By Mike Watkins//Correspondent | Tuesday, September 8, 2015Growing up with Alopecia, Staciana Stitts Winfield found solace in the water.
Figuratively and literally.
When things got tough – name-calling, weird looks, whispers at the school lockers – and the prospect of growing up without the beautiful, luxurious hair she saw on the other girls around her was too hard to handle, Winfield said she always knew she could “come home” to the pool.
“As a child in middle school, when I was less confident and new to the disease, I really struggled,” said Winfield, who was often mistaken for a child with cancer and still is sometimes due to her completely bald head. “I didn't know anyone else that had it, and I was scared and angry.
“Swimming saved me because I knew I didn't want to stop swimming and wearing a wig would be silly in the pool. Swim practice was the first place I felt free and happy once I told my friends what Alopecia was because their reaction was, ‘Cool! You are going to swim faster!’”
Winfield said she embraced that idea and used her anger at practice every day to swim faster.
“Underwater is the best place to scream and cry, and I did a lot of that the first year with this disease,” she said. “I was also an emotional teenager so maybe those tears would have still happened, but for a different reason, if I didn't have Alopecia.”
These days, mixed in with the stares, Winfield said she gets – and gives – a lot of hugs for “rocking a bald head.”
Winfield lives and works in San Juan Capistrano, Calif., with her husband, Brett, daughter, Kyla, and dog, Nike. They returned to the area after living overseas in Morocco (2011-2013) and Malaysia (2013-2015) for Brett’s job in the shipping industry.
While living overseas, she taught yoga, running and swimming clinics and raised her daughter.
Now that they’re back in Southern California, she’s working at St. Margaret's Episcopal School and concurrently is going to school for her teaching credentials. She also started her own clinic business, Swim it Forward, LLC, over the last year with friends Aaron Peirsol and Dave Denniston.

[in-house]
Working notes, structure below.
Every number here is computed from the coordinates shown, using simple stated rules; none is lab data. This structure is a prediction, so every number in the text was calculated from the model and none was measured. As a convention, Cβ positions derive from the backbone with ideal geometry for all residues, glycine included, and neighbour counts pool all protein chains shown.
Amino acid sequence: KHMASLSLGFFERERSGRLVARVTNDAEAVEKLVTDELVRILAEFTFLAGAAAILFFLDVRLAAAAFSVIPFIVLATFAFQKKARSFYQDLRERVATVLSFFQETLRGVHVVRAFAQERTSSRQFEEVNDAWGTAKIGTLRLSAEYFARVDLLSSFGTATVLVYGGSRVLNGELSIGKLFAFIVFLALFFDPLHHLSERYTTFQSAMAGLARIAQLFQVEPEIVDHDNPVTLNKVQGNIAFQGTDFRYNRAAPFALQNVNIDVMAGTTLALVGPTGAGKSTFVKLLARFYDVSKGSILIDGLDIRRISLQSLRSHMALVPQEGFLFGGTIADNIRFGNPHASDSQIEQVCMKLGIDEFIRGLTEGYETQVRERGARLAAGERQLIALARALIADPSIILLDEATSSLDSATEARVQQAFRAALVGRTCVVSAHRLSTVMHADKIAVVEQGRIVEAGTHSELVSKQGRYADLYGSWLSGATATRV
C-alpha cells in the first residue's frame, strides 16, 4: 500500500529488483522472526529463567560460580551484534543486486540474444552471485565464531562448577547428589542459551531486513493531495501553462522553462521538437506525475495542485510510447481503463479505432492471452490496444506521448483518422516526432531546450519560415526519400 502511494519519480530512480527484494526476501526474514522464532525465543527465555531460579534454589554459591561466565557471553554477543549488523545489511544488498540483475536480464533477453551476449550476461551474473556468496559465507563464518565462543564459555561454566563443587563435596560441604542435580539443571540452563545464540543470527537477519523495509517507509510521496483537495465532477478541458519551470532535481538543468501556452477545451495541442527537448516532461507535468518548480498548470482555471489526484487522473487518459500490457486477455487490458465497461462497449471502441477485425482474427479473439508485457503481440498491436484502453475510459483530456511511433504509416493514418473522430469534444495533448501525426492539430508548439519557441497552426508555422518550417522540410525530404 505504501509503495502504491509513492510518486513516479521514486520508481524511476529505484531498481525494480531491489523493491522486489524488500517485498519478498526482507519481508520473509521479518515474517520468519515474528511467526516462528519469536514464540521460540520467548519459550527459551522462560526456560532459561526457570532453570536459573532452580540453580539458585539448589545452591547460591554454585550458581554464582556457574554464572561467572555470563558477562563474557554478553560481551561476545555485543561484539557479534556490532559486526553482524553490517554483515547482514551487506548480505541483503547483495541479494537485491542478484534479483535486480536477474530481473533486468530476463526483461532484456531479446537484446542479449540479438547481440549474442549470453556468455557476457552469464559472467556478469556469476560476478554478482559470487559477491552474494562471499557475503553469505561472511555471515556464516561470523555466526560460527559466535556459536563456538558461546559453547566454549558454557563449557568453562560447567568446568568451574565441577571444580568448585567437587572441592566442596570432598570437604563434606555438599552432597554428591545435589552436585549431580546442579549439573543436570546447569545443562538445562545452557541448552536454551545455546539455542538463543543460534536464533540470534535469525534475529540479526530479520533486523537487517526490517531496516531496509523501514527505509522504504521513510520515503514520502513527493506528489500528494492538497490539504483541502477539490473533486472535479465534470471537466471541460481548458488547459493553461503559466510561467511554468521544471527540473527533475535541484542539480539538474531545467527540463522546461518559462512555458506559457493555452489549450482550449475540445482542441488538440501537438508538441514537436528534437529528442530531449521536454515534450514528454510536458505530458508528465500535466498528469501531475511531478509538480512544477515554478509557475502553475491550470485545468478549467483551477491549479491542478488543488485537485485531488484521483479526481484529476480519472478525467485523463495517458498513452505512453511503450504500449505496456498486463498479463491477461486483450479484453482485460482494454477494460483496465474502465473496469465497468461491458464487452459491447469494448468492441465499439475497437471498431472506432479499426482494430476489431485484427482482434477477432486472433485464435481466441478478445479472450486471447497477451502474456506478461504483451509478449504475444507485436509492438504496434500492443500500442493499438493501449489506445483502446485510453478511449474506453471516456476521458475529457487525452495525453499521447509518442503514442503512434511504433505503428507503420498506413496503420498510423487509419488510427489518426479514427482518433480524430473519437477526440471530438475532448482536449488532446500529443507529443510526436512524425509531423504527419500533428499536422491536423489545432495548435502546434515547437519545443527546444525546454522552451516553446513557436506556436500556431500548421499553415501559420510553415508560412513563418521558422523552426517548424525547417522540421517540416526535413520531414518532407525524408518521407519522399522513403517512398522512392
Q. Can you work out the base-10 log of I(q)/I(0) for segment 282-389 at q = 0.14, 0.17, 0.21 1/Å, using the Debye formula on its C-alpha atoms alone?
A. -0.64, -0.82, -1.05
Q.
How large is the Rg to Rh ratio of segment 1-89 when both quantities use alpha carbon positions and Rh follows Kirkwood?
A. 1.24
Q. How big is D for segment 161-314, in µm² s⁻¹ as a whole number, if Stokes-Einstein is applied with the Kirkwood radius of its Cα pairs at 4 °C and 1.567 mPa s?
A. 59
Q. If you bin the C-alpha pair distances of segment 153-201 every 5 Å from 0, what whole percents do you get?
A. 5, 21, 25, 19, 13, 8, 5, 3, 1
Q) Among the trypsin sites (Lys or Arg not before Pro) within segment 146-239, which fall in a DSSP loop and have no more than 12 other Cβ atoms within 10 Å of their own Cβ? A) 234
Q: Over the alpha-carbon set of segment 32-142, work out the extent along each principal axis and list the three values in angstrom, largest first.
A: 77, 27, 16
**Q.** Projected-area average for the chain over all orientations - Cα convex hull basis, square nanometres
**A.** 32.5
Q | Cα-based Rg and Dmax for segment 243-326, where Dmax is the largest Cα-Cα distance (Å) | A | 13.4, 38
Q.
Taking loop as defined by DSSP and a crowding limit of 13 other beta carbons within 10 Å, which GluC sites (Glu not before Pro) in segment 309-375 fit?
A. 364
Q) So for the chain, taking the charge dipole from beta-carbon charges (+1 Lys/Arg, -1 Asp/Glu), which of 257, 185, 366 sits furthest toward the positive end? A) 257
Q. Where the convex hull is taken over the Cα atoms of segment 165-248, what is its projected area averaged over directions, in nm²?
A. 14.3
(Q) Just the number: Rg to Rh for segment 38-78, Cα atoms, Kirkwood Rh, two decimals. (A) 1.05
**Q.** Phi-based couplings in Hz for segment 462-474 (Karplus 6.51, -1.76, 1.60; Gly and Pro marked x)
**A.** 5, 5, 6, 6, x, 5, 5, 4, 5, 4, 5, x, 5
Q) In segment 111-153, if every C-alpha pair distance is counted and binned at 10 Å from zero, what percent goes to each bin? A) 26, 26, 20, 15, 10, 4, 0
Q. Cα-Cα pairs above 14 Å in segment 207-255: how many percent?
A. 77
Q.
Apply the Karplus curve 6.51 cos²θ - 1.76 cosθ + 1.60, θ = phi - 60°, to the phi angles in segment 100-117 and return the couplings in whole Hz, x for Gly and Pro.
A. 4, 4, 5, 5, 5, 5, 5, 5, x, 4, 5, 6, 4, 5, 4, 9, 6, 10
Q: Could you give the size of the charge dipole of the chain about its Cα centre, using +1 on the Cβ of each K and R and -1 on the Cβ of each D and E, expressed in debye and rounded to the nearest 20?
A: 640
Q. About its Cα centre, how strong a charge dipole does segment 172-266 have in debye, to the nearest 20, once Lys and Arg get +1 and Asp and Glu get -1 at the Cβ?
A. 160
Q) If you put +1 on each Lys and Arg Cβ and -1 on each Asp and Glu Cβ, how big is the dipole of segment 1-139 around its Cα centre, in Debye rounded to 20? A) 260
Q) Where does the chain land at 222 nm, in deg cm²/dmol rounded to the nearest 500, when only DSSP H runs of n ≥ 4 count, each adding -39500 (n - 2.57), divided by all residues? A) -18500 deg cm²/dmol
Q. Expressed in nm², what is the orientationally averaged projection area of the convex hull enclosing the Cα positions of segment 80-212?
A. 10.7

“We combine swimming clinics with service, learning to encourage swimming's youth to serve their community and help others,” said Winfield, who retired in 2006. “We have enjoyed sharing our secrets of fast swimming, overcoming adversity and empowering swimmers to serve others and reduce their imprint on our environment.”
Winfield was indoctrinated with the water herself when her parents put her and her siblings in the water as babies.
And while she doesn’t remember learning to swim, she was still swimming before she could walk.
It wasn’t long before she was hooked and swimming regularly on her way to becoming an NCAA and Olympic champion.
“I started swimming on the YMCA team in Encinitas, Calif., when I was 6,” she said. “My love for the water kept me in the sport. The moment you go underwater and all goes silent. That moment is priceless.
“I still get in the water as often as I can to feel this peace. It washes away all anxiety, fear, anger, sadness. I feel pure joy when I'm in water, and I soak it up as much as possible in order to radiate it out to others.”
One of America’s top breaststrokers in the late 90s and early 2000s, Winfield is best known for being a member of the 2000 U.S. Olympic team – swimming the breaststroke leg in preliminaries of the 400 medley relay to win gold in Sydney.